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School Choice, State News

School choice teaches Iowa Republicans a big lesson

The following was originally published by Fox News. It can be found here

School choice was on the ballot in the Iowa Republican primaries last week, and it won. It’s the latest in a series of state primaries where school choice has been emerging as a litmus-test issue for GOP primary voters.

Iowa stands out as a bellwether because of the high-profile battle over school choice between Gov. Kim Reynolds — a rising leader in the GOP who was recently tapped to respond to President Joe Biden’s State of the Union address — and fellow Republican lawmakers in the statehouse.

One of Reynolds’s top legislative priorities this year was a bill that would have created state-funded education savings accounts (ESAs) that families could use to customize their child’s education. Similar to policies in 10 other states, families could use ESAs to pay for private school tuition, tutoring, textbooks, online courses, and a variety of other education-related expenses.
Under Reynolds’s proposal, up to 10,000 ESAs worth about $5,000 annually would have been available to students with special needs or those from households earning up to four times the federal poverty line (about $110,000 for a family of four).
“If education truly is the great equalizer,” Reynolds declared, “we should create opportunities for more families to provide their children with the education choice that’s best for them. That’s exactly what this legislation does.”
Reynolds’s school-choice proposal easily cleared the Iowa Senate in a vote of 31 to 18, with only one Republican joining the Democrats in opposition, but soon encountered fierce opposition in the House. Although 60 of the 100 seats in the Iowa House were held by Republicans, whose state and national party platforms endorse school choice, the measure failed to garner majority support.
Reynolds, however, didn’t give up so easily.
In an effort to pressure state lawmakers into supporting her proposal, the governor held up the budget, even waiting until after the 110th day of the legislative session, beyond which legislators are no longer paid their per diem for meals and housing. Moreover, Iowa legislators are legally prohibited from receiving campaign contributions from lobbyists and political action committees while in session.
Nevertheless, legislators in the House held firm against it, citing concerns about the effects of school choice on traditional public schools.

Both sides believed voters were with them. A Des Moines Register poll found that 52 percent of Iowans opposed the governor’s plan, while a Morning Consult poll showed that 66 percent supported ESAs. But even the first poll found that 57 percent of Iowa Republicans favored the proposal, up 8 points since last year.
The stalemate broke when Reynolds agreed to sign the budget without the legislature passing her ESA proposal. But though she lost the battle, the war was far from over.
If the current legislature wouldn’t support her agenda, she’d assemble one that would.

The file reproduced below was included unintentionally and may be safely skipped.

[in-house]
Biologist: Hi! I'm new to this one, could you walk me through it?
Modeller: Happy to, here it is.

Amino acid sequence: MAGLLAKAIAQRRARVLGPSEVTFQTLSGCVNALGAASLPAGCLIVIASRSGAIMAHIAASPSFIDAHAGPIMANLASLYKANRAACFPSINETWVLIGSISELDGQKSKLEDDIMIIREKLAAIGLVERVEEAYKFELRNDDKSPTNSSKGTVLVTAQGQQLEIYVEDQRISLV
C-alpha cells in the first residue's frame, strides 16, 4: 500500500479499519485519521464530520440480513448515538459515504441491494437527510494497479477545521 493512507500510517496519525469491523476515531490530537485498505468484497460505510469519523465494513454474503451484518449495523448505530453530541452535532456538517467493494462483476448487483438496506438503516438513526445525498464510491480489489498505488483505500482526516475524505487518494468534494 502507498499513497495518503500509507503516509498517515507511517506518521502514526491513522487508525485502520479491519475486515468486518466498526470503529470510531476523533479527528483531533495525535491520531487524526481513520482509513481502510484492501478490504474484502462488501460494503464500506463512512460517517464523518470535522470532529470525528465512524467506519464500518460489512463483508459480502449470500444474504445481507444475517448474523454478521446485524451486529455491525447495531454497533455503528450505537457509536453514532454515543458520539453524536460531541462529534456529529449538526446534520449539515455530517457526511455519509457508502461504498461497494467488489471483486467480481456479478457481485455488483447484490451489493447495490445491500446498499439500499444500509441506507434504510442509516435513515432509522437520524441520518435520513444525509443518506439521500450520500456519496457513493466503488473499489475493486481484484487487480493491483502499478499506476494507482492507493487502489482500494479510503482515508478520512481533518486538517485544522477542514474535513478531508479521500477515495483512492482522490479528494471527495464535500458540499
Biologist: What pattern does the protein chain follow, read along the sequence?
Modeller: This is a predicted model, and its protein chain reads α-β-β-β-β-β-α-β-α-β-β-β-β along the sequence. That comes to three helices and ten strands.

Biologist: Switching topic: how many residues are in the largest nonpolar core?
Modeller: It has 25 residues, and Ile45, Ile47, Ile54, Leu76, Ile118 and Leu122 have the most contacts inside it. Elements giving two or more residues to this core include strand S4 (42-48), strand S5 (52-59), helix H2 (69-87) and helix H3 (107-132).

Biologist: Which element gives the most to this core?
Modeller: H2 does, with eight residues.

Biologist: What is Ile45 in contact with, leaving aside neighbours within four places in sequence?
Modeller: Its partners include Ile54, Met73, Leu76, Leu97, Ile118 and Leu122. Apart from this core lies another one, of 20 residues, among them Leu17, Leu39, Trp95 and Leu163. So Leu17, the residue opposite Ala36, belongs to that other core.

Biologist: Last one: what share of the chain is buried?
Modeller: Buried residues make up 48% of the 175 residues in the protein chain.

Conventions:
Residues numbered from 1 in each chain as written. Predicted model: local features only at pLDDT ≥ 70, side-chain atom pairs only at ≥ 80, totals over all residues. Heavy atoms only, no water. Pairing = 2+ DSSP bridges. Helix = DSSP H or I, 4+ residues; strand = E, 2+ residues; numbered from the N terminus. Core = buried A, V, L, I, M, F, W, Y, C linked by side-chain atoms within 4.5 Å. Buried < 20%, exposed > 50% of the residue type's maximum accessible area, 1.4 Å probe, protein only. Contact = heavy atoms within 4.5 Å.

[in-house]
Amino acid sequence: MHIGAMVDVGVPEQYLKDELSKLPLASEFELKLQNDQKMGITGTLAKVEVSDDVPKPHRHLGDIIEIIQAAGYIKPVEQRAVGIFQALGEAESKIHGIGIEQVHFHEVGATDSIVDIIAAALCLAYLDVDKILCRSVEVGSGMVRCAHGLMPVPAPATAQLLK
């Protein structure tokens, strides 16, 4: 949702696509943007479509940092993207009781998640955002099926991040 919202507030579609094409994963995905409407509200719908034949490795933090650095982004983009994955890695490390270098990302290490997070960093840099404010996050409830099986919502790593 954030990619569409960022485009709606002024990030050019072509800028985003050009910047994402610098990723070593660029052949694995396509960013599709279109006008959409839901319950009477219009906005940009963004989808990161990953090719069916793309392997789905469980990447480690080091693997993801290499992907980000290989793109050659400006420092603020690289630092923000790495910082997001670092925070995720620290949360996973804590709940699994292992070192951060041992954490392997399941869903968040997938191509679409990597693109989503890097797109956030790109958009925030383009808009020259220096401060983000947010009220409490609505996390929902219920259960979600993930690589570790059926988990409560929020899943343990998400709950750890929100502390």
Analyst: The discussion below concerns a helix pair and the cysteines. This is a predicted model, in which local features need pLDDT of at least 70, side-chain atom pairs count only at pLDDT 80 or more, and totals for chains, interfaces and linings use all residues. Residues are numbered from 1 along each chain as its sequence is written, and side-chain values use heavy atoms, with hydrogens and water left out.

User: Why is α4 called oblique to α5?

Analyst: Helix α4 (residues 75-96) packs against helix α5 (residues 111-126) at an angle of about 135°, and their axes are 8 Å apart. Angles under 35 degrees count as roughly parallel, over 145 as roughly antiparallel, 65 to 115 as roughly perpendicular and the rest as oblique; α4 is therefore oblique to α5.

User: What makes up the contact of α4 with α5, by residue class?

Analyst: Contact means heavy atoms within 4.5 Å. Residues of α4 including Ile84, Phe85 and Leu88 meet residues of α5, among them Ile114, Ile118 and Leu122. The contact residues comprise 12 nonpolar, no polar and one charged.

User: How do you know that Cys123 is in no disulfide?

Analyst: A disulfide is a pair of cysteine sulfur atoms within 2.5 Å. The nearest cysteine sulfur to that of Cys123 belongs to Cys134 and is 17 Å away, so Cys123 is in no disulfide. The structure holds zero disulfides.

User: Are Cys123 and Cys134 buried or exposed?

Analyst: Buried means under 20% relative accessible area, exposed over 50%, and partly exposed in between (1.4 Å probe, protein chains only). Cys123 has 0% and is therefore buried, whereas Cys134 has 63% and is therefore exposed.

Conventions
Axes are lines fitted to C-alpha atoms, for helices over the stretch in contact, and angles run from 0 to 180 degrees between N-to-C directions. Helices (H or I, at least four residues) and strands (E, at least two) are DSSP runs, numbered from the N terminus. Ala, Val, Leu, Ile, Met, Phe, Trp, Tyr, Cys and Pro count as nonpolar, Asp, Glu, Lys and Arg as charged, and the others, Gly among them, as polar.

In the GOP primary, the governor backed nine pro-school choice candidates, including — in a rare move — several challengers to incumbent legislators who had blocked her proposal. Eight of them won.
The most prominent scalp belonged to Rep. Dustin Hite, an incumbent backed by the teachers’ union who blocked the governor’s school-choice bill as Chair of the House Education Committee. He was soundly defeated by school-choice proponent Helena Hayes, who secured 57% of the vote.
“I might as well come out and say it,” declared Rep. Dennis Bush, who opposed Reynolds’s proposal, “The governor is trying to use this election as a referendum for her voucher bill.”
Bush was right — and the people have spoken.
Bush secured less than a quarter of the vote in a three-way primary race won handily by choice supporter Zachary Dieken, who earned over 55% of the vote.
Opponents of school choice have long claimed that the issue was a political loser and, despite polling to the contrary, many in the establishment believed that narrative. These election results, particularly in Iowa, dispel that narrative.
Nationwide, 47 out of 59 candidates supported by the pro-school choice American Federation for Children Action Fund and its affiliates have won their primaries or advanced to run-offs so far this year.
These results shouldn’t be surprising. Earlier this year, a RealClearOpinion poll found that 72 percent of registered voters nationwide favored school choice, including 67 percent of independents, 68 percent of Democrats, and 82 percent of Republicans.
The pandemic taught parents the value of having the freedom to choose the learning environments that are the right fit for their children and that align with their values. Politicians who stand in the way of parents seeking to educate their children as they see fit are now paying a political price.
These wins may set the stage for Reynolds to enact her school-choice proposal in the 2023 Iowa legislative session. They are also likely a harbinger of things to come as other politicians seek to replicate the Reynolds playbook.
Jason Bedrick is a research fellow in the Center for Education Policy at The Heritage Foundation. Corey A. DeAngelis is National Director of Research at the American Federation for Children and Adjunct Scholar at the Cato Institute.


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